The current economic downturn continues to expose the frailty of esports’ financial footing and critical need for reforms. Now, sky-high salaries for the best players — once deemed a cost of doing business for successful teams — is a cause for concern.
That’s the worry making the rounds among esports circles these days. And those insiders may have a point. The money that largely fuels player salaries in esports — ie, from venture capital investors and advertisers — is drying up as the economy gets worse. The scarcer those funds become, the harder it is for esports organizations to secure (and retain) the best talent.
Look at what happened to teams participating in the Overwatch League and Call of Duty League, as examples. Teams reportedly owe around $400 million to publisher Activision Blizzard, which agreed to defer franchise payments when the COVID pandemic struck. It seems likely that those payments will be deferred yet further. Activision Blizzard did not respond to a request for comment.
“We’re watching [venture capitalist investors] check out and pull out entirely of this space,” said Ryan Morrison, CEO of talent management firm Evolved Talent. “VCs expected [team owners] to 10x their business model, and they did that by paying absurd salaries to really good players to try to win and build their brand. But you can’t 10x an esports organization like that, so these team owners are in a place where they’re now hemorrhaging money with no success.”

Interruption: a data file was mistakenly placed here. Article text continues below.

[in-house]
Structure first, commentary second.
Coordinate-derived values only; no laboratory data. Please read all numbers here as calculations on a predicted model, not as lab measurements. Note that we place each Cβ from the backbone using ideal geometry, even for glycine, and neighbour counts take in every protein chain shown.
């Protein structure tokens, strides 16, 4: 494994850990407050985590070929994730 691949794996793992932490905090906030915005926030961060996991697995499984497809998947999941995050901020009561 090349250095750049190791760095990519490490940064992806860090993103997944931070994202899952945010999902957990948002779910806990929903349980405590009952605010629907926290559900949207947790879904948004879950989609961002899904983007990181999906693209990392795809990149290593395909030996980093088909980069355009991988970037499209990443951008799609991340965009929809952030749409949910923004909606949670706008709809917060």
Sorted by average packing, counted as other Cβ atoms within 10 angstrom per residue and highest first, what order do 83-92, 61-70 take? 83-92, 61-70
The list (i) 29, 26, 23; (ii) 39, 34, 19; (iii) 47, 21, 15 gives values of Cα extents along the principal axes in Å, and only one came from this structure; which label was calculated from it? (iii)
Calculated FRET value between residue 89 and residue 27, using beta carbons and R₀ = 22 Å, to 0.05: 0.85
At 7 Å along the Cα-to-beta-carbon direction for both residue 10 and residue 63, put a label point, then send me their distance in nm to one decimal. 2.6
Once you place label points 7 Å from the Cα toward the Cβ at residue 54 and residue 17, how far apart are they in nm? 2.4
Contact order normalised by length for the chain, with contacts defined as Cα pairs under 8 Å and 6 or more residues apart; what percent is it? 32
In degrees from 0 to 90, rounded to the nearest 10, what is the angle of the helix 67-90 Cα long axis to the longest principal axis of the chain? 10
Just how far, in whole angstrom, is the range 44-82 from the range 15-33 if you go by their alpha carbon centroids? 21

Esports teams agree that to be successful they need the best players, and because esports salaries operate according to an open market system (there is no unionization in esports leagues and thus no collective bargaining agreements determining what teams can spend), the only thing that limits a team’s spending is its owner. Rich teams pay big for the players they want, which has destabilized salaries across the board because it boosts the expectations of players.
Some Valorant pros are earning north of $40,000 per month — more than $480,000 a year — according to two current players with tier-one experience and confirmed by an executive who has negotiated player contracts in Valorant. Many other players, some playing for partnered teams and some not, are earning $20,000-$40,000 per month. The average Valorant team consists of five players. Those costs start to add up fast.
Such spending is a slippery slope many team owners have been on for a while.
In 2020, League of Legends player Perkz agreed to more than $2 million per year for three years as a Cloud9 player; Jensen agreed to a three-year, $4.2 million deal with Team Liquid; and SwordArt signed a two-year, $6 million contract with TSM. Each of these deals was in North America’s LCS. League of Legends publisher Riot Games declined to comment on this story.
Even then it was clear that inflationary pressure had already affected player salaries in the top esports leagues.